A Pulsar LED Digital Wrist Watch - One of the First Digital Watches Available
A Random Childhood Memory
Father Westhoff of Blessed Sacrament Church in Springfield, Illinois wore a gold Pulsar Red LED Wrist Watch.
It was the first, and only (to that point) Digital watch I had ever seen, and it would be many years until such watches would be common place.
Father Westhoff told us that it was given to him as a gift.
Father Westhoff would come out on the playground as he walked to the rectory where he lived, and children would rush over to him, and ask him to show them his incredible LED watch. It was quite a thrill.
The First Digital Watch I Ever Saw Was A Pulsar
As I recall to set the watch involved the use of small magnets.
All the children wanted to touch the watch, but he was very careful with it, saying that it was very expensive.
I knew that when I grew up I wanted such a watch, as it had something to do with the future, and with space, although I wasn't quite sure how, or why.
Father Westhoff Wore A Gold Pulsar Watch
Here's an excellent snippet from BBC on the history of the LED Watch:
Pulsar and the LED Display
In 1972, Hamilton produced the first watch with a digital display. They had hinted that they had a new breakthrough as early as 1970 but had two years of teething problems before its 18-carat gold Pulsar hit the world at a price of $2,100. By pressing a button on the side, the time was displayed on a red numeric display, caused by a light emitting diode (LED) display. Hamilton had provided a brief glimpse into the future in Stanley Kubrick's 1968 film 2001: A Space Odyssey when the company provided the futuristic digital clock that featured in the film. John Bergey who was head of Hamilton's Pulsar division said that this had inspired his team with the vision for their new timepiece which was then in development.
The LED is created by passing a electric charge through inorganic materials. Seven electronic switches went into making each of the numerals on the display. The original red light was generated by using aluminium gallium arsenide (AlGaAs), however Pulsar later produced a green LED using gallium nitride (GaN).
Many in the industry began to believe that the new quartz analogue watches would even be doomed to extinction so soon after their arrival that it wasn't worth buying into the trend, something which was reflected in the writings of Douglas Adams and other contemporary writers at the end of the 1970s and start of the 1980s.
Before the watch companies could 'do away with' the analogue watch though, they first had to bring down the price of the digital successor. Competition in the digital field increased and by 1975 there were over 80 varieties available. This competition helped to bring prices down but the product was still out of the range of the average consumer.
The Plastic Case
Texas Instruments brought the digital watch to the masses much as Henry Ford had brought the car. In 1975 they produced the first LED watch with a retail price of only $20; the following year this was halved. This level of competition saw Pulsar lose $6 million and find itself sold to competitors twice in the space of a year, eventually becoming a subsidiary of Seiko and reverting to making analogue quartz watches..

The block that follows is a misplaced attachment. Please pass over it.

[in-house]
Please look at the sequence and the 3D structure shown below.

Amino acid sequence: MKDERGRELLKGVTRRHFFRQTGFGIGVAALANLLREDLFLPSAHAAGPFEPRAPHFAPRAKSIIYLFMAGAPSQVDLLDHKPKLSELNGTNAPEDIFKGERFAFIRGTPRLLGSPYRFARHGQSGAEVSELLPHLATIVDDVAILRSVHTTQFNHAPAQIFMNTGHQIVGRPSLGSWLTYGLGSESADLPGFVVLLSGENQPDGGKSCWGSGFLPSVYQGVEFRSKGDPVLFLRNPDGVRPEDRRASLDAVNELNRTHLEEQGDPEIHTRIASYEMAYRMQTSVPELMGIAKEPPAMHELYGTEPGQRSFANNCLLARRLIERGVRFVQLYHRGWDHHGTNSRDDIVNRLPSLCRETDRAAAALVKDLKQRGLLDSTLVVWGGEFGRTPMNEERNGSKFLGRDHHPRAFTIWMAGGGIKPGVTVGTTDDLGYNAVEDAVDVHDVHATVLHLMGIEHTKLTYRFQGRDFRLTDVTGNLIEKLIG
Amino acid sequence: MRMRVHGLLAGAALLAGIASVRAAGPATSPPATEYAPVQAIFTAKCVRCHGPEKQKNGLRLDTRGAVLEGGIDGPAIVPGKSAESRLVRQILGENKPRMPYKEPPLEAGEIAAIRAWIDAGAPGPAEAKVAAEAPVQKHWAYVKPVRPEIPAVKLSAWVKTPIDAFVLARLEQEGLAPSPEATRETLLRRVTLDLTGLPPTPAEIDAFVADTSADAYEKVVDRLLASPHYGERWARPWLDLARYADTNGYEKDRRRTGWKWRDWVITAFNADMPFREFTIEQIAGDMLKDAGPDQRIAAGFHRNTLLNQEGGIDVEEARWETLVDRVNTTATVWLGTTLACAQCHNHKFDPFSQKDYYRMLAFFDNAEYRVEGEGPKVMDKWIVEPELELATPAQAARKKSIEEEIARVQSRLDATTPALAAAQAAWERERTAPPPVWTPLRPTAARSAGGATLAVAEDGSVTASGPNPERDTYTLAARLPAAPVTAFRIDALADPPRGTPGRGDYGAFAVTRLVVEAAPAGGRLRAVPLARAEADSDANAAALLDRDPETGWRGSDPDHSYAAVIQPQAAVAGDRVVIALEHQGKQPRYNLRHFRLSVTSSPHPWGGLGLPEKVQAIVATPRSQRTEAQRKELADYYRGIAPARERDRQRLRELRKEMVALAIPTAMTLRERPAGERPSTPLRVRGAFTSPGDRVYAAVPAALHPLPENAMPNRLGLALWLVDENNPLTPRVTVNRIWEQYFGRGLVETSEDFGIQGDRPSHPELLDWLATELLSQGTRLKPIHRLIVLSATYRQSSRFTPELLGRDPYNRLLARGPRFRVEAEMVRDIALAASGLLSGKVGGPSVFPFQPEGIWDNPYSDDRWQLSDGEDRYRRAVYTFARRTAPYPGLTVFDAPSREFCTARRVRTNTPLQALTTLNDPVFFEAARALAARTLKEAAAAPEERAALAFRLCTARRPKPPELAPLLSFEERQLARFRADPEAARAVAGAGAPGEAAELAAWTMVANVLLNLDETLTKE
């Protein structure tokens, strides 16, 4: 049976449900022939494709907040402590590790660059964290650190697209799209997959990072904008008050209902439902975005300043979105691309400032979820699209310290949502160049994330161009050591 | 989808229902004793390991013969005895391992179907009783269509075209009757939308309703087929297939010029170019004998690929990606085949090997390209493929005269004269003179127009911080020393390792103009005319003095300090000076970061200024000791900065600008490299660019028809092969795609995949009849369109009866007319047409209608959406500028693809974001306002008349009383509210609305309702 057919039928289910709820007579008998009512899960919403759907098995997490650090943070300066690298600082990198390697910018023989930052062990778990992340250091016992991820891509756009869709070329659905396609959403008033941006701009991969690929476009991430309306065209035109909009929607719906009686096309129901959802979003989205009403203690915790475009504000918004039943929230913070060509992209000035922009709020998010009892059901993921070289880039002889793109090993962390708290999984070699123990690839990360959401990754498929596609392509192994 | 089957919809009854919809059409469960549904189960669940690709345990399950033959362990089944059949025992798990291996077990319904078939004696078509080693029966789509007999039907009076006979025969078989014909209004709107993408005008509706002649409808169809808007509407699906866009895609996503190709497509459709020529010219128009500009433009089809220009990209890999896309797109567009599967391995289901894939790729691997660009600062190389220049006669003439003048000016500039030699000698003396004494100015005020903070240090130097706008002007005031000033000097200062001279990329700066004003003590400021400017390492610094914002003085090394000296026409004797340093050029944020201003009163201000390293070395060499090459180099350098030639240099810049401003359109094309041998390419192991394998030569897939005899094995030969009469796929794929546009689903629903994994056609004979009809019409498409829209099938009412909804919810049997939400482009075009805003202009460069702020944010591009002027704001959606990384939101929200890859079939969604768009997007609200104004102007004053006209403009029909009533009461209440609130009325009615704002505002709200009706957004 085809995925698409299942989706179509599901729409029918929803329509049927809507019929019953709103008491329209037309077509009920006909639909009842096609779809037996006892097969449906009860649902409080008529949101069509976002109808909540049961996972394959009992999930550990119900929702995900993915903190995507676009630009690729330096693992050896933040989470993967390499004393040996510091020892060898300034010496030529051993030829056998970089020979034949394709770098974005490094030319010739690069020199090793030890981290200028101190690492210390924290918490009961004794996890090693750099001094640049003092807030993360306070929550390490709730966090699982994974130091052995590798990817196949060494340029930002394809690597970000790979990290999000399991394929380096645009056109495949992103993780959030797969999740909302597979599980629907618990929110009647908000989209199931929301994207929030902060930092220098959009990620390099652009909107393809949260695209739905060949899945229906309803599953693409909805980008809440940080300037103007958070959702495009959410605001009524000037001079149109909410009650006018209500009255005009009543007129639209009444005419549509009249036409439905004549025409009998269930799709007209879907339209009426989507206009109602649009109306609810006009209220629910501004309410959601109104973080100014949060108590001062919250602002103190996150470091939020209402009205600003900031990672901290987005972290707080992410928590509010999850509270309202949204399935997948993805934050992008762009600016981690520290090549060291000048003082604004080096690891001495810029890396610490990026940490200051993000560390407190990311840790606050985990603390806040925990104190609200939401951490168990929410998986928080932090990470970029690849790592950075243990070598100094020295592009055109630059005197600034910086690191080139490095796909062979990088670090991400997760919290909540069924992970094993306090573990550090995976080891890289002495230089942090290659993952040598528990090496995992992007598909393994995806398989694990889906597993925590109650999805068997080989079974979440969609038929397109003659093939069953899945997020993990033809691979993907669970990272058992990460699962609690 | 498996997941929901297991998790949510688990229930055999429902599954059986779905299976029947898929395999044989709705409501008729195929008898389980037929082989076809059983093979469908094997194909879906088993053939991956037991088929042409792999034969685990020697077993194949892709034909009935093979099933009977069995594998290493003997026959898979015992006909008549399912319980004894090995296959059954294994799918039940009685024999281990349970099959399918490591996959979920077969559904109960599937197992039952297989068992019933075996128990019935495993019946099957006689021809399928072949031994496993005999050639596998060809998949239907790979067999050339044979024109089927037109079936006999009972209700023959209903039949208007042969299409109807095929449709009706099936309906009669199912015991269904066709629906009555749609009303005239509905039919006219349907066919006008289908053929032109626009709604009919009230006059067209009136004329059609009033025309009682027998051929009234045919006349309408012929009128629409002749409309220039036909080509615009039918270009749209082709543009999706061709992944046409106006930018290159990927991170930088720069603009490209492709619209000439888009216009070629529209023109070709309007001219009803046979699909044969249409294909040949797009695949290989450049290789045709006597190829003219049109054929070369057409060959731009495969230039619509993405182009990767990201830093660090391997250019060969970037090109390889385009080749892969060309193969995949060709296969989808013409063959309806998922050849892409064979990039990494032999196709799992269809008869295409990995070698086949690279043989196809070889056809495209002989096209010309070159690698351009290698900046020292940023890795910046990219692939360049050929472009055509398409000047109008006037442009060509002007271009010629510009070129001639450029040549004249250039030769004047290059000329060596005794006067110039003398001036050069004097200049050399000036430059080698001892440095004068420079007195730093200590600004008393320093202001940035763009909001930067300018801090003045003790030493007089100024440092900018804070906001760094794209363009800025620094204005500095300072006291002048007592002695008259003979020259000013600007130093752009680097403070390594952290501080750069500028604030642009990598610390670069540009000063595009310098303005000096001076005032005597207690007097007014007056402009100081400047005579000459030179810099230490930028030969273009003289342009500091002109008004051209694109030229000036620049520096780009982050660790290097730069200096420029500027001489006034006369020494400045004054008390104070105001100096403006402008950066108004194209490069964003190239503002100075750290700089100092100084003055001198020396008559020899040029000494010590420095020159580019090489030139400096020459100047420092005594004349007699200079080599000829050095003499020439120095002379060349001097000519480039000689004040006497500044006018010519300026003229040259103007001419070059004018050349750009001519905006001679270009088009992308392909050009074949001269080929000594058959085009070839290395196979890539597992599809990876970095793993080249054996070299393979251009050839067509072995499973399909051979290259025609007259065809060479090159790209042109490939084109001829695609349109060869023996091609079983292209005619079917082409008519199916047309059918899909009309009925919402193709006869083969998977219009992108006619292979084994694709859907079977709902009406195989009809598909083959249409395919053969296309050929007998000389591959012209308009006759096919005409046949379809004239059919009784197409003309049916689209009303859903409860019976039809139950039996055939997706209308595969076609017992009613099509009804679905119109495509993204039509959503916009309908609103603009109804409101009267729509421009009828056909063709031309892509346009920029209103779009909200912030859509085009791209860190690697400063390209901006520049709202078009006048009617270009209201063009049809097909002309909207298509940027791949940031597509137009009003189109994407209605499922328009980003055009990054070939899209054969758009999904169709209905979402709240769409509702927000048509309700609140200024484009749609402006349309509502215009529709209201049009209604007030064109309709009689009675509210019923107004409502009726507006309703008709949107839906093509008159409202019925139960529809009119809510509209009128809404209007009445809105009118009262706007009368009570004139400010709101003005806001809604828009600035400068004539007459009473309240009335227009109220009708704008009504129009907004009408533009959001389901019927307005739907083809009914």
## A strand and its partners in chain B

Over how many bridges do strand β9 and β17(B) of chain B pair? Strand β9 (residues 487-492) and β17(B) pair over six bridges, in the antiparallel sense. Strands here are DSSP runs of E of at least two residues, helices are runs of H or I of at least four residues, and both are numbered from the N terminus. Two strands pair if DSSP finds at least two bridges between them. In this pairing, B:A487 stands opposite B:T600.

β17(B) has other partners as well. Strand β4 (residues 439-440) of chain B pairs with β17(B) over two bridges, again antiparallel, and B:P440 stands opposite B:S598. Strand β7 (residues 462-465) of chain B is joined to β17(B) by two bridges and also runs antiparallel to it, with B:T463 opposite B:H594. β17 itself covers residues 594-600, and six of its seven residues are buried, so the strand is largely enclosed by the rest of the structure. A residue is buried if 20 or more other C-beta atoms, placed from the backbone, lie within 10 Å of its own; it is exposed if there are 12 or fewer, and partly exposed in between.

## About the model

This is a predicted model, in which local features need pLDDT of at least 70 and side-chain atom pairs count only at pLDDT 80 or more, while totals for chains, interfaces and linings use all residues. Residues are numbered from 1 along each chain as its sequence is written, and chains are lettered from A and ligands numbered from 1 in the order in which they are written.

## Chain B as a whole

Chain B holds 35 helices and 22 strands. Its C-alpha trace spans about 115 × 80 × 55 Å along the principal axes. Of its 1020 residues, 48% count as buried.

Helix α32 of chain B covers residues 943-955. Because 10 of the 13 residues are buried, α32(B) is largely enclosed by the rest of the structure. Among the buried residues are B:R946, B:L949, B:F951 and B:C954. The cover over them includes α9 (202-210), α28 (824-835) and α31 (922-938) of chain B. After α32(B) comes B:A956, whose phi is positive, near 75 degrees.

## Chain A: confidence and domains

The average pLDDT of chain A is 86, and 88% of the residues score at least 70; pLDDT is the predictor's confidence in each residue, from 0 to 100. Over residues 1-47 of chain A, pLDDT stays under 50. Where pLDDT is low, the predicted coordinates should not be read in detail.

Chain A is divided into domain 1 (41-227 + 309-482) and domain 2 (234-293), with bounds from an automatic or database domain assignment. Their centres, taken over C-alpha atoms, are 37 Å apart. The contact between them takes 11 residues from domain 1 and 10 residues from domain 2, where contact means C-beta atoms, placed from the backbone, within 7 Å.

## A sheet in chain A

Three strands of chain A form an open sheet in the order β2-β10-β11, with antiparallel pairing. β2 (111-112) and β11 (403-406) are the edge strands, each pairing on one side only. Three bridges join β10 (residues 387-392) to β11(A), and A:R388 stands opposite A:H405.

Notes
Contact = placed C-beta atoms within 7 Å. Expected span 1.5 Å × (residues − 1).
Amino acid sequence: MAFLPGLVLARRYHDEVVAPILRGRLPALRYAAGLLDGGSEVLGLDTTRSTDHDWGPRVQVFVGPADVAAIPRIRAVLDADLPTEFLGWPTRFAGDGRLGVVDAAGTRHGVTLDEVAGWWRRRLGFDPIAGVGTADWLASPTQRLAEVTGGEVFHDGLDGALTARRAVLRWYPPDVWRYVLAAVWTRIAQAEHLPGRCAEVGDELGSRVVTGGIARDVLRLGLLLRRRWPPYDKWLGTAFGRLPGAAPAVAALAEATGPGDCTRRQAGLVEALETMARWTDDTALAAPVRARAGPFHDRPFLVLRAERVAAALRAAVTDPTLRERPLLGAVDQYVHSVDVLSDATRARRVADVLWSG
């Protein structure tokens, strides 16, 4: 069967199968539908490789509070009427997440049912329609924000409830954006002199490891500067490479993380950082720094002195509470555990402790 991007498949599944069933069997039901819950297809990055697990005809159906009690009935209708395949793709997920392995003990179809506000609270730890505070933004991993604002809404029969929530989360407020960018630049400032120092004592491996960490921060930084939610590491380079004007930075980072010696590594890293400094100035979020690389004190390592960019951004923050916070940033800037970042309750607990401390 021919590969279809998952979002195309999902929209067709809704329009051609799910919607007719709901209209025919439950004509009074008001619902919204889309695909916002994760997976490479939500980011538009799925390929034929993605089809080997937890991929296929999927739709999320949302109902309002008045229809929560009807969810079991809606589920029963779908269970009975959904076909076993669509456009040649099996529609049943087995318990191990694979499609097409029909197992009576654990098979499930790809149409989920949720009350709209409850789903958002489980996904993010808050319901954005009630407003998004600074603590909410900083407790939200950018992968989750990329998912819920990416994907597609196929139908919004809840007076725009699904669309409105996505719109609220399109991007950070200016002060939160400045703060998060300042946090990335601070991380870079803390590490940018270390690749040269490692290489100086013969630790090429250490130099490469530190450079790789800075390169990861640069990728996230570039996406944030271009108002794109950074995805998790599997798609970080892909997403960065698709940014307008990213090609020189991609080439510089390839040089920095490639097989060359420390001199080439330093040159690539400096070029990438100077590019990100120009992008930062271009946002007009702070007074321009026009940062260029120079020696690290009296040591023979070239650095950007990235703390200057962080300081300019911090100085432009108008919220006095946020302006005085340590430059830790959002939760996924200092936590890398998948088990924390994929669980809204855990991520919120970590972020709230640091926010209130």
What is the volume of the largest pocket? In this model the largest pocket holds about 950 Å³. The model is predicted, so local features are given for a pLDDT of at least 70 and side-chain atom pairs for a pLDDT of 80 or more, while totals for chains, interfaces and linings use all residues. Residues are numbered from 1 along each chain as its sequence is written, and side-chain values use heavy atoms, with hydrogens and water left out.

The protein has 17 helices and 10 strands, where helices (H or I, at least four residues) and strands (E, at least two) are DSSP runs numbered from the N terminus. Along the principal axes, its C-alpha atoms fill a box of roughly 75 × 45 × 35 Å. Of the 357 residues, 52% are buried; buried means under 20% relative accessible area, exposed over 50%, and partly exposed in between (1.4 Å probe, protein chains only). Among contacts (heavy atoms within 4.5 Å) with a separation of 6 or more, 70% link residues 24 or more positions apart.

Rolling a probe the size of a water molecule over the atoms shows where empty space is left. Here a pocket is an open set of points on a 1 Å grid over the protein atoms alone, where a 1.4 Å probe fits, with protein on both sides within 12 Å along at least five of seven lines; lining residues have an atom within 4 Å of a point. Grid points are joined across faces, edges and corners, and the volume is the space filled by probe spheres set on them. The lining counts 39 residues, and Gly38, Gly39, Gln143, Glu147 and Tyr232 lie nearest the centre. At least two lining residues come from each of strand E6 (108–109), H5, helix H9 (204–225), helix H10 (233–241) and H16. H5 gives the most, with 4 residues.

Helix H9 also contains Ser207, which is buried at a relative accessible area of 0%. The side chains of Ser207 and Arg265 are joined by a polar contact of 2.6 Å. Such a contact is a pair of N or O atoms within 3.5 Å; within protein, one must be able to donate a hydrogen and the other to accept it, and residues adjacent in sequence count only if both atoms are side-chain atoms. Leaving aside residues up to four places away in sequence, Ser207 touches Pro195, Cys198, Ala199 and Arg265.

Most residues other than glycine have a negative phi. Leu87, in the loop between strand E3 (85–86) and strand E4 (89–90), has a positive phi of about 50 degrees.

Wow Father Westhoff wore a watch that cost enough to buy a car back then!
Recollections On Father Westhoff
Some might see that as a conflict - that somehow a Priest shouldn't be wearing a watch that was such a luxury, but it was a gift. Also Father Westhoff was such an activist for the poor and elderly that he was arrested several times while demonstrating at nursing homes if he found the conditions there unacceptable.
Father Westhoff was quite the radical back then in the late sixties, and early seventies. Eventually because of his advocacy for the poor, and elderly he was shipped out of Springfield (the state capital), and exiled to Decatur, Illinois.
Father Westhoff was the first priest I had the opportunity to admire for commitment to social issues, and Springfield, Illinois being a bastion of conservative politics forced his brand of social advocacy out. I'm sure the Bishop was worried about contributions more than he was whether elderly people were laying in their own excrement at the local nursing home.
Dave of the11thhour may want to share "The Slap Story", but despite this one incident Father Westhoff didn't seem to be anything but what a priest should be, which is increasingly rare in this jaded age.
I've read a New York Times article that detailed the reinvigoration of the Catholic Church. Millions of Hispanic immigrants are flocking not only to the United States, but also reversing the decline in attendance in parishes throughout the nation. In some cities there aren't enough Catholic churches.
It appears that the Church is once again grappling with the issue of how to approach social justice. In Latin America the Church has played a significant role as advocate for the impoverished masses, while in the United States priest, and Bishops have been expected to keep quite. This may change, and once again we may see the likes of a Father Westhoff here in our very own hamlet of conservativism. What a day that will be.